In the last academic year, Knox recycled over 64 tons of material. However, people connected to sustainability on campus still see paths for improvement in Knox’s use of recycling and composting.
According to Director of Sustainability Initiatives Debbie Steinberg, Knox has composting set up in three places. “The easy one is the compost tumblers, which are currently located in the quads. We have three there. That’s a self contained composting system that only accepts raw food.”
The office is looking at expanding more tumblers to the apartment areas on the north of campus. As the tumblers have not yet been emptied, Steinberg was unsure of their results.
However, Students for Sustainability President senior Hannah McCullough expressed some skepticism about student use of the tumblers.
“As far as getting people to use them, that’s the hardest thing. The problem is people will have all this waste in their room and they have to basically save it, like in a bucket, or take it there right away.”
Composting also takes place in the Hard Knox Caf. There, food waste and compostables left on plates are rinsed off and then sent into a machine called the ‘pulper’ which breaks down the waste. From there it goes into the compost room. Then it is heated, denatured and dehydrated by a SOMAT machine, purchased in 2011.
Executive Chef Jason Crouch explained that Knox uses a color-coded bagging system for its waste. Black and white bags collected from across campus go the landfill and recycling respectively.
Compostables are separated by blue bags and green bags. Blue bags have food scraps and leftovers from the buffet and go through the SOMAT. The dehydrated material is mixed with fertilizer by a local farmer. Green bags are used for raw foods that can go into the tumblers. The green bags are taken by local farmers for slop.
“Those trash cans are around the kitchen in various locations. Cooks or dishwashers or anyone who’s working puts the desired item in the right bin.”
Crouch also emphasized the kitchen’s recent efforts to be more careful about washing its recycling, to avoid contamination by food debris.
The last place on campus with composting is the Gizmo. Alongside the landfill and recycling is the composting bin. The Gizmo also uses BioSelect cups that are compostable, as well as some other compostable materials like napkins and condiment cups.
There is a sign above the bins explaining what waste can go where. McCullough thought the Gizmo’s system helped people focus on Knox’s recycling and composting programs. “I’ve noticed people try to separate it out.”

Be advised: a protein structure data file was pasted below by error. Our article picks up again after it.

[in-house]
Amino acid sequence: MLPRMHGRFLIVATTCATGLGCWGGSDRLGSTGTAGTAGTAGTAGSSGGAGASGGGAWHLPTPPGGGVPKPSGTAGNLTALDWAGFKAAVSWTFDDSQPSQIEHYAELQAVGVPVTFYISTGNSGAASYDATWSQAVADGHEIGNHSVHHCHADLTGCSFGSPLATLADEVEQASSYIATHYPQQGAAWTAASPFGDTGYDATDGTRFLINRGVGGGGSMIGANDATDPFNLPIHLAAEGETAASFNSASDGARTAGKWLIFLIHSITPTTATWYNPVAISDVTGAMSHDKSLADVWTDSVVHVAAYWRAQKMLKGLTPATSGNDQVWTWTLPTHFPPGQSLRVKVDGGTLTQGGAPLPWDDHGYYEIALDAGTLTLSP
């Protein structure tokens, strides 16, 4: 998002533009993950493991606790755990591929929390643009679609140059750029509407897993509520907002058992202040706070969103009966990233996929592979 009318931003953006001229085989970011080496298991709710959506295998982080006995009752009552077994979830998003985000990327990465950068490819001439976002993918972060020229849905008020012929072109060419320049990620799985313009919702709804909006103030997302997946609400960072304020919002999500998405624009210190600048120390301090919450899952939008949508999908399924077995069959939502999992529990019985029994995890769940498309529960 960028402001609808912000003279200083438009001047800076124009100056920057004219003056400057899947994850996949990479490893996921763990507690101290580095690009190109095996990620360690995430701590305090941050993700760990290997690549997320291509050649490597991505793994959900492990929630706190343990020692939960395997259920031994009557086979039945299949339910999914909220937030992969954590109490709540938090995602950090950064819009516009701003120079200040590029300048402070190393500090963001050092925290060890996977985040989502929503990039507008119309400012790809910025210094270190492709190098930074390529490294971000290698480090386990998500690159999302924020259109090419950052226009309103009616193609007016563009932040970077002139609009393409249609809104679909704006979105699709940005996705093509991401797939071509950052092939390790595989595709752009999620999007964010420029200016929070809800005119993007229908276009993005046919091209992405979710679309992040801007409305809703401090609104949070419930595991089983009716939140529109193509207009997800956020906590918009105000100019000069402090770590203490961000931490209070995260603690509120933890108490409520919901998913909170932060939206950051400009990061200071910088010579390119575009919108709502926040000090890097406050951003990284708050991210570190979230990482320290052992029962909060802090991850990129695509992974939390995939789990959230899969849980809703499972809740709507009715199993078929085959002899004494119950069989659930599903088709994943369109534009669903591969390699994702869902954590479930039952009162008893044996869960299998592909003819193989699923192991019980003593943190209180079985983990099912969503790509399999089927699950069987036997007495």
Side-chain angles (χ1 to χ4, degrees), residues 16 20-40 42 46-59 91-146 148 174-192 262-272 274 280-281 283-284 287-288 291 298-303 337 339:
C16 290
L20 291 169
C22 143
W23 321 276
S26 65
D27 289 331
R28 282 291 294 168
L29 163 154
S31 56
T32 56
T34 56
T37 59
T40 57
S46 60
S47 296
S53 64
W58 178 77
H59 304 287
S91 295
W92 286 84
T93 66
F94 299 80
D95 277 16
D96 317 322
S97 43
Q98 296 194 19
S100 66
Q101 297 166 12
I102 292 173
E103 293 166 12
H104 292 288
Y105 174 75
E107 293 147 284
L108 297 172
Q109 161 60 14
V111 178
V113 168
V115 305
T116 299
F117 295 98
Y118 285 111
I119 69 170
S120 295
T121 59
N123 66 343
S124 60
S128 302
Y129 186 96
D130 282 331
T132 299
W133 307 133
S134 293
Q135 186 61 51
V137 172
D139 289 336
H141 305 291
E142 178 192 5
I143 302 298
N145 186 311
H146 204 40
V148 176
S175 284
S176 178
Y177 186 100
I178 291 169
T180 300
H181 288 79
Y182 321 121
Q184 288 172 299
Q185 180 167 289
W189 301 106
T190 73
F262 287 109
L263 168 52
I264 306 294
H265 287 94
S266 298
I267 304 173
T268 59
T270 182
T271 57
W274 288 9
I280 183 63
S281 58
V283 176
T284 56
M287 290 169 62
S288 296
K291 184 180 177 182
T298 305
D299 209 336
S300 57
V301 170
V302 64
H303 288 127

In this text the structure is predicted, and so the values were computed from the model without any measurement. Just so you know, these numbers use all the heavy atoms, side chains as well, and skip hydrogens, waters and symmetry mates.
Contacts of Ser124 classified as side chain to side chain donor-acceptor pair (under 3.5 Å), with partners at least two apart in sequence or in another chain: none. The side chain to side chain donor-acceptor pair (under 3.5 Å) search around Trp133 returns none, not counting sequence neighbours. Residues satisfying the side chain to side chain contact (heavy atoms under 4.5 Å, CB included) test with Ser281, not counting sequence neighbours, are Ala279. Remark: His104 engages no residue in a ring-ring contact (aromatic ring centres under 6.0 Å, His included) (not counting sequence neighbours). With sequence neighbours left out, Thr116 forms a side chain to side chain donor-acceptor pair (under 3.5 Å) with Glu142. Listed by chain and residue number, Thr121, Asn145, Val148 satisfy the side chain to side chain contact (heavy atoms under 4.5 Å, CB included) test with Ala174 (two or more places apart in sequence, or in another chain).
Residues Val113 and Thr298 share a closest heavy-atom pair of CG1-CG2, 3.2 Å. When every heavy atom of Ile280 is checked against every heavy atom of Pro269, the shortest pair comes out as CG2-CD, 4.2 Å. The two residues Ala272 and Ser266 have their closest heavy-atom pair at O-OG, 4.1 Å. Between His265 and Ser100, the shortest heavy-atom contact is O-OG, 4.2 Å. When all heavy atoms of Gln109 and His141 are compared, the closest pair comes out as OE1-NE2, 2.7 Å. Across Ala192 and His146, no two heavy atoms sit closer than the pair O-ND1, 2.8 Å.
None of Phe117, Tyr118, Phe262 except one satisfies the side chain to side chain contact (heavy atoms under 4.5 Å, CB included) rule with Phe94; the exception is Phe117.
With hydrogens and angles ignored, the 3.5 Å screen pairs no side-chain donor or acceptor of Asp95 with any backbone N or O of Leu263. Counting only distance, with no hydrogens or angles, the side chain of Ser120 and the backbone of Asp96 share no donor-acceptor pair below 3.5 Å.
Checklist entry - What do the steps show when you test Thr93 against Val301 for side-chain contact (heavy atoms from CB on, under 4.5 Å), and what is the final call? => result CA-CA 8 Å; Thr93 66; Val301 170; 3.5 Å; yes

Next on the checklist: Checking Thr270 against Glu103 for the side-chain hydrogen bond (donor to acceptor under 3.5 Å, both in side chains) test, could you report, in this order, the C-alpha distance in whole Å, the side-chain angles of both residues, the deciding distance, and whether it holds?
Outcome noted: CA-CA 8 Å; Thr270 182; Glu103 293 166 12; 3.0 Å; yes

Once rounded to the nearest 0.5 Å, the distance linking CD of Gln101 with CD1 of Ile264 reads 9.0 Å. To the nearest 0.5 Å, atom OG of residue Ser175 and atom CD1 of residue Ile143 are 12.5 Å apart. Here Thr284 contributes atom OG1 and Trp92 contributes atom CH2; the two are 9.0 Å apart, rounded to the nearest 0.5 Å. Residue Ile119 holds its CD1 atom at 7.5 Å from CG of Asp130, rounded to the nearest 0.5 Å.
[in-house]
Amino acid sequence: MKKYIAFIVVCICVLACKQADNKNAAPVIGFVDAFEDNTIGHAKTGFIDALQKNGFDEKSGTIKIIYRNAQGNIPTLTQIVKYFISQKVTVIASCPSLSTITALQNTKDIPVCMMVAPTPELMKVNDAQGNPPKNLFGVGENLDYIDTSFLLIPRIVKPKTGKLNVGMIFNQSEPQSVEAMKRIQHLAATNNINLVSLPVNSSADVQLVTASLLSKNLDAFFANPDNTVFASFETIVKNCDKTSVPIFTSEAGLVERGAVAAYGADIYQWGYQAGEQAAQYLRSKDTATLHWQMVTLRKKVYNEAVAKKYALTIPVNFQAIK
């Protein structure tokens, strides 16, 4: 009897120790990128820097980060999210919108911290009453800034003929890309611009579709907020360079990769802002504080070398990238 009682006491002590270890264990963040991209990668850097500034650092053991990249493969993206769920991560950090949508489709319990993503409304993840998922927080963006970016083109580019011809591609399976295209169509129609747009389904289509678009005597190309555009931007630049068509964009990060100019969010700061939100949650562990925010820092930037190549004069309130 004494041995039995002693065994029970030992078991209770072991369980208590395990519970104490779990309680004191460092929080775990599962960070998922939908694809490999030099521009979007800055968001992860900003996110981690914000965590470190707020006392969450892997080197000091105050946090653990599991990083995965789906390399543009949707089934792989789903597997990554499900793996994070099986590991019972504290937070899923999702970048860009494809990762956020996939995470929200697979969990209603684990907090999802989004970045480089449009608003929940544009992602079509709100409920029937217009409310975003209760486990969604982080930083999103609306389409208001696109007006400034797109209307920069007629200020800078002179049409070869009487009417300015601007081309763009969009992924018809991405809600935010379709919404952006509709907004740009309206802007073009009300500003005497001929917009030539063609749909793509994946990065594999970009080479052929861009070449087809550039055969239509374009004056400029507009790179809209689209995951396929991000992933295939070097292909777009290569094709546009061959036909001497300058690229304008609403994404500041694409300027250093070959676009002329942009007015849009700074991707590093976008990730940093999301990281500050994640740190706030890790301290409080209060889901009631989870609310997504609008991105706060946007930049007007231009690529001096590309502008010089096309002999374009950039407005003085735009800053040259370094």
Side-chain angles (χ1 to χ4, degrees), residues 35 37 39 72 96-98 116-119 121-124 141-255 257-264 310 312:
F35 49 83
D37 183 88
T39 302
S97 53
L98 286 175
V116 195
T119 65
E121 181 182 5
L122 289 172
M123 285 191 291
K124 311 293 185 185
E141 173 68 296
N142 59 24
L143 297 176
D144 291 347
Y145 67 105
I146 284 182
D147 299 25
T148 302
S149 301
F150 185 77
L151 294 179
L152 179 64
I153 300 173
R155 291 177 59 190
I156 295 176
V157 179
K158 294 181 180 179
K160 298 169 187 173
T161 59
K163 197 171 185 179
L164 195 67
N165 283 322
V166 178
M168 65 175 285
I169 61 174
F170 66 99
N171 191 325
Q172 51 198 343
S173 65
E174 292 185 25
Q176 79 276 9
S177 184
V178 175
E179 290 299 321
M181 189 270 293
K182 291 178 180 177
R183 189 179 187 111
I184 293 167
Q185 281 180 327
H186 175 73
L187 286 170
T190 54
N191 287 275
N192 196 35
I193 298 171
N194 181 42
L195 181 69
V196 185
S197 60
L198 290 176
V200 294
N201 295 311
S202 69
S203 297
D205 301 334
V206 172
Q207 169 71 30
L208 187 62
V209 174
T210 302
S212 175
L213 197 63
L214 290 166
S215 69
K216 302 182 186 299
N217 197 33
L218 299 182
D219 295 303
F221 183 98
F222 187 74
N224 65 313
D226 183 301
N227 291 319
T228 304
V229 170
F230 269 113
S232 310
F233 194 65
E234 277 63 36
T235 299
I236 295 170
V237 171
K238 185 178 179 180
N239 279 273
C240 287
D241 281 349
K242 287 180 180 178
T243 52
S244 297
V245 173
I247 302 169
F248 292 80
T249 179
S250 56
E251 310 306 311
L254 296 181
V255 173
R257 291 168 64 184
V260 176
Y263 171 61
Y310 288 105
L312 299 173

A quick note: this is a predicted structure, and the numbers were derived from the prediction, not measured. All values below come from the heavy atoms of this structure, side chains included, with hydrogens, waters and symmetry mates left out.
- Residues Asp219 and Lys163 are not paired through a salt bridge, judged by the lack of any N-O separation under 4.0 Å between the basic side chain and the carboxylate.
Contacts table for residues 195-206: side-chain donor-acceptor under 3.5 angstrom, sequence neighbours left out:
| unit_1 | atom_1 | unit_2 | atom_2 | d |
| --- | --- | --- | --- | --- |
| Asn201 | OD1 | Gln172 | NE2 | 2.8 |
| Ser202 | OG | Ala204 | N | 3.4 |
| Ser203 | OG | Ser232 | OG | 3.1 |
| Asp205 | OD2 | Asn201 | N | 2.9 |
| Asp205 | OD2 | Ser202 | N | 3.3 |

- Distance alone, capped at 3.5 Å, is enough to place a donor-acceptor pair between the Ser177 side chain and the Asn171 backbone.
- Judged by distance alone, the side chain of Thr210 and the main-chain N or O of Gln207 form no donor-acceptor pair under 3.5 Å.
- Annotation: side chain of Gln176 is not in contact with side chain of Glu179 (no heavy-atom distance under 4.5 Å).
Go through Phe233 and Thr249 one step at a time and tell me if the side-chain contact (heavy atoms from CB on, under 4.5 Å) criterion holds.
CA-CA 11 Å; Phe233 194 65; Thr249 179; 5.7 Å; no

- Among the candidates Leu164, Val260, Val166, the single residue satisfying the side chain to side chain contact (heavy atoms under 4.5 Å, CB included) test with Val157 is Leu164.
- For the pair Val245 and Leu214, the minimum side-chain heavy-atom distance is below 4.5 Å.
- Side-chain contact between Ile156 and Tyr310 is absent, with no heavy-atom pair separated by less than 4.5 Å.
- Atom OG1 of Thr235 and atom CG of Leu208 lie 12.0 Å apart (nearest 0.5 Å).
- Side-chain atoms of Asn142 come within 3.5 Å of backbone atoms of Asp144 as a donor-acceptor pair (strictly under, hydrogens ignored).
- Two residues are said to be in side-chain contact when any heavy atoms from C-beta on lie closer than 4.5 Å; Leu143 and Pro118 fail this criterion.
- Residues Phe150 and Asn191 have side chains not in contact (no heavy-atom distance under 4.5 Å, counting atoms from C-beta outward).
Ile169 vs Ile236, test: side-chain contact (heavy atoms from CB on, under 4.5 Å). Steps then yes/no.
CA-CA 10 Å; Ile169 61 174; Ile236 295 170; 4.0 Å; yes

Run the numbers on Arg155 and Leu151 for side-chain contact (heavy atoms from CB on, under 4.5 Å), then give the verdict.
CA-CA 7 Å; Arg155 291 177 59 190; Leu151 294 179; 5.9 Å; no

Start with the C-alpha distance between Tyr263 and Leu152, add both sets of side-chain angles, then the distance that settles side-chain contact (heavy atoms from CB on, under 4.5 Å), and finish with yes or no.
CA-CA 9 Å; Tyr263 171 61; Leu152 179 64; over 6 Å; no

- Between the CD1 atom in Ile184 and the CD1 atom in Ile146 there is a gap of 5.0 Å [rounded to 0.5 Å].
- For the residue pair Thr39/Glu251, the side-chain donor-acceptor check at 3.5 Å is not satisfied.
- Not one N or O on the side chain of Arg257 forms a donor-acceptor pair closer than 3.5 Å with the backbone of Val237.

Both McCullough and Steinberg noted though that there is still some contamination.
“But then when you look in the bins themselves, there’s often contamination. I think that that’s a confusion because, at least with the student population, everybody’s coming from a different place. It’s not so much what is recyclable, it’s what you can recycle here,” Steinberg said.
Steinberg also noted that they had just sent out an email reminder to those living on campus, and all new employees receive some training in Knox’s system.
Director of Facilities Services Scott Maust said his department tries to make it easy for students living on campus to recycle. “We tried to make it as convenient as possible … students have really stepped up.”
Maust said fire codes do not allow recycling bins in suite common areas. Students instead have bins in their own room, to use with white bags. They can then put them outside before noon on Mondays and Thursdays to have them picked up.
He added that there is some contamination, but its not a huge problem. Instead, he believes more awareness is needed, which McCullough and Steinberg also noted.
Maust also said he wished Knox could do more composting. “But we’re a little limited being inside a town. We just don’t have the right set-up to mix it and let it decompose.”
McCullough also expressed some dissatisfaction with the composting system. “The compost system … is not the best it could be right now. What it does is it pretty much just dehydrates all the waste. It doesn’t really turn it into soil like we would like.”
Knox formerly had a worm-based vermicomposting system, but ended up producing more waste than it could handle. The SOMAT machine bought in 2011 can handle just under 200 pounds of waste a day.
Maust remained optimistic while noting potential for improvement.
“We do pretty good here at Knox.”